I started out by stopping by a series of showrooms created by local designers. Their assignment was to use antiques--art, furniture, rugs--to show how these pieces can be incorporated into both good design and daily living. It's a fantastic idea, and a theme that kept popping up throughout the day. I'll show you what I mean.
Take this room by Wein Interiors for instance. Here, everything except for the lighting, the backgammon table and the couches were antiques. All of the art, the rugs, the side tables, books, chairs and accessories were sourced from the show. That breath-taking sideboard? Not a reproduction. The curtains? Panels from a rare fabric dealer. Those gilded mirrors? Antiques from Peru. (A sentimental note for me, since that's where the hubby and I went on our honeymoon.)
And in no way does it come off as stuffy, unapproachable or over done. Swoon!
The next room was created by Eberlein Design Consultants Ltd. as a pied-a-terre for when you might be visiting the city. Or, if you're like most urban dwellers, this represents your first studio apartment--a place where everything needs to be present, accessible, but still beautiful.
I love how this designer layers color on top of color, and texture over texture. The delicate yellow drapes beckon you in to sit on a velvet sofa the color of emeralds. And natural elements like the framed butterflies and the driftwood lamps add another dimension to keep the look modern. I also love how they used books freely as a design element. We all have them, and let's face it. They don't always look this good.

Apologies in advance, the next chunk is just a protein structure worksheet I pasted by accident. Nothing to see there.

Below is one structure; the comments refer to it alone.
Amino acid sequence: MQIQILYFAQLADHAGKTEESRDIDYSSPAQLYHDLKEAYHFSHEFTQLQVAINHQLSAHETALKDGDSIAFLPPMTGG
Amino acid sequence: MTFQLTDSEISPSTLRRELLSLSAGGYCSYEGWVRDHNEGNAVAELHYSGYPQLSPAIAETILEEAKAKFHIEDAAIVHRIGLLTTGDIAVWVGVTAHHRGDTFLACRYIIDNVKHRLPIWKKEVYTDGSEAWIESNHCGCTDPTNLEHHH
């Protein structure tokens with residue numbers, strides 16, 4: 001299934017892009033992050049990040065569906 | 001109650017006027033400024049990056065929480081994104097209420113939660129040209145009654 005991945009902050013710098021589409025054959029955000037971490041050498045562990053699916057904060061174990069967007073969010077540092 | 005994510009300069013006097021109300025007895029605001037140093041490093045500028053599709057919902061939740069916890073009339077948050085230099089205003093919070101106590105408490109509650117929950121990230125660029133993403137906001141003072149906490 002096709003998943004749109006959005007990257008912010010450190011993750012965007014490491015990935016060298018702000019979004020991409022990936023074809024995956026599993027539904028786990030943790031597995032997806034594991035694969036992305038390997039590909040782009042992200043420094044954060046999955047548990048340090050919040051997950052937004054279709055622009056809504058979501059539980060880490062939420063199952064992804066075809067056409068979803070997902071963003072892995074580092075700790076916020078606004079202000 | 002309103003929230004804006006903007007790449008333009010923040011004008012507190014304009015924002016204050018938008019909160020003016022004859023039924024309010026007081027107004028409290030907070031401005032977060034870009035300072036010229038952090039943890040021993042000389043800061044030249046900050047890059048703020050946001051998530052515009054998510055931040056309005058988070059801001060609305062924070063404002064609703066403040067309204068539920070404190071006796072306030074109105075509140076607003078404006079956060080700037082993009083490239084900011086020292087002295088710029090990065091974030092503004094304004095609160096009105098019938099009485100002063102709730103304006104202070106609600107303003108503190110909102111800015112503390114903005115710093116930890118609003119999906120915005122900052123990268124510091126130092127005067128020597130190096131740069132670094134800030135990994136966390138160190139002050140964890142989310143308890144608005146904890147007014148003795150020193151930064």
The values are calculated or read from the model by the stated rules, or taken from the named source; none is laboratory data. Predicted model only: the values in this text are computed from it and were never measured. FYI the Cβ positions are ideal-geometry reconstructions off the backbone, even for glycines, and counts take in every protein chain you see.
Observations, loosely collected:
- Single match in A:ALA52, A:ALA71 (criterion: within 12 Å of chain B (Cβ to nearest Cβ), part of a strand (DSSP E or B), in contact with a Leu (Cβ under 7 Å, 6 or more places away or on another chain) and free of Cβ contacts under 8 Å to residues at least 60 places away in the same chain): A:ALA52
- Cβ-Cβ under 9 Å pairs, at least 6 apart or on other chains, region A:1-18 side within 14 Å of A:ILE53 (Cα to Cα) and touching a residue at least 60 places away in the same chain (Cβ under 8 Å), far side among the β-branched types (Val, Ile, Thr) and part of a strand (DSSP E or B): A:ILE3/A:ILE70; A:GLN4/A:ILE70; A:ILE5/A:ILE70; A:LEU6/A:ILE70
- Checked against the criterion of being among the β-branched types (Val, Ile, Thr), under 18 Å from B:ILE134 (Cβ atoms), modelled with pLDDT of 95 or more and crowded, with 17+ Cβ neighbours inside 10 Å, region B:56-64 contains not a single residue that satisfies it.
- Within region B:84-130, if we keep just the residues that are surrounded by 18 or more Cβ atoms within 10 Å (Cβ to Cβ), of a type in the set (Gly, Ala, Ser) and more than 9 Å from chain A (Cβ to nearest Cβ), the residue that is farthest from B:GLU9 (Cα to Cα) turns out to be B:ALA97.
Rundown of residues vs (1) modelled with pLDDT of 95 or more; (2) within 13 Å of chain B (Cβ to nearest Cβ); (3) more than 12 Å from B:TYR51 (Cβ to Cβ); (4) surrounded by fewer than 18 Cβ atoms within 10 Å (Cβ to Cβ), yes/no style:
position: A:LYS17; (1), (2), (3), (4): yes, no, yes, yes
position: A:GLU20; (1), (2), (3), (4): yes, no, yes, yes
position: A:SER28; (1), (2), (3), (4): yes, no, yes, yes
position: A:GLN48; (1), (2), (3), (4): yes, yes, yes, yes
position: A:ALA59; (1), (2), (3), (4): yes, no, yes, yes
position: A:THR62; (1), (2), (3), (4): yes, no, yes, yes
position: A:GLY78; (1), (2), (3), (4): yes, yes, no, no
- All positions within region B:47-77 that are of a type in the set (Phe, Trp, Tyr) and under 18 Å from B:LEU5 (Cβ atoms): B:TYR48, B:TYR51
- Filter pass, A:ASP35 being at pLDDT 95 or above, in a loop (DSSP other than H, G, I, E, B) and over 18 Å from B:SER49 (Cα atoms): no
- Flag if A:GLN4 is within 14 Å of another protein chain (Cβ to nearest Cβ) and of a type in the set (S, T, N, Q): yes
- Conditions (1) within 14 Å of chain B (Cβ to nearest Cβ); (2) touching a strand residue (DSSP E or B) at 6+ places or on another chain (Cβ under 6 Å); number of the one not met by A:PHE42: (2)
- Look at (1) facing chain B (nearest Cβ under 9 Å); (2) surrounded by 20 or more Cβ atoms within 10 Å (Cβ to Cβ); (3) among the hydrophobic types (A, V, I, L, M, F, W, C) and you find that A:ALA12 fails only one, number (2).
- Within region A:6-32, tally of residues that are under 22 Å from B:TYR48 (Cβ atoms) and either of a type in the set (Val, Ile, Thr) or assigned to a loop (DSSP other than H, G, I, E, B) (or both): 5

And on the polar opposite of the spectrum is the room created by Gregory Augustine of August Interiors. Here, it's a masculine look with clean lines that sources from the world of antiques, but creates an extremely modern look. The geometric art repeats in little details like the studded walls, the lighting and a round inlay table that will make you never want to see painted wood again.
After the designers' rooms, I made my way over to hear celebrated decorated and author Thomas Jayne discuss his newest book and some of the most well-designed rooms in American history. He covered rooms from palatial properties like the Winterthur estate in Delaware, and more accessible private homes that are equally impressive (albeit in a very different way). If you want to see the full list of what he considers great work check out his book The Finest Rooms in America.
Of course, the real attraction is the floor filled with antiques vendors. I wandered through the space for a while, and was blown away with the diversity of eras, styles and pieces. If you're a collector of fine jewelry, there were several options. Into textiles? Choose between rugs, wall hangings, curtains and fabric panels. Like furniture? I hope you have a specialty, because
If you're in town and you'd like to check it out, today is the last day. But if you can make it, you'll get a big payoff. There's a guided tour and a lecture about stripping and refinishing furniture. (Yes, I do consider that fascinating stuff, thankyouverymuch.)
And if you can't make it this year, consider a visit next April for the 52nd showing.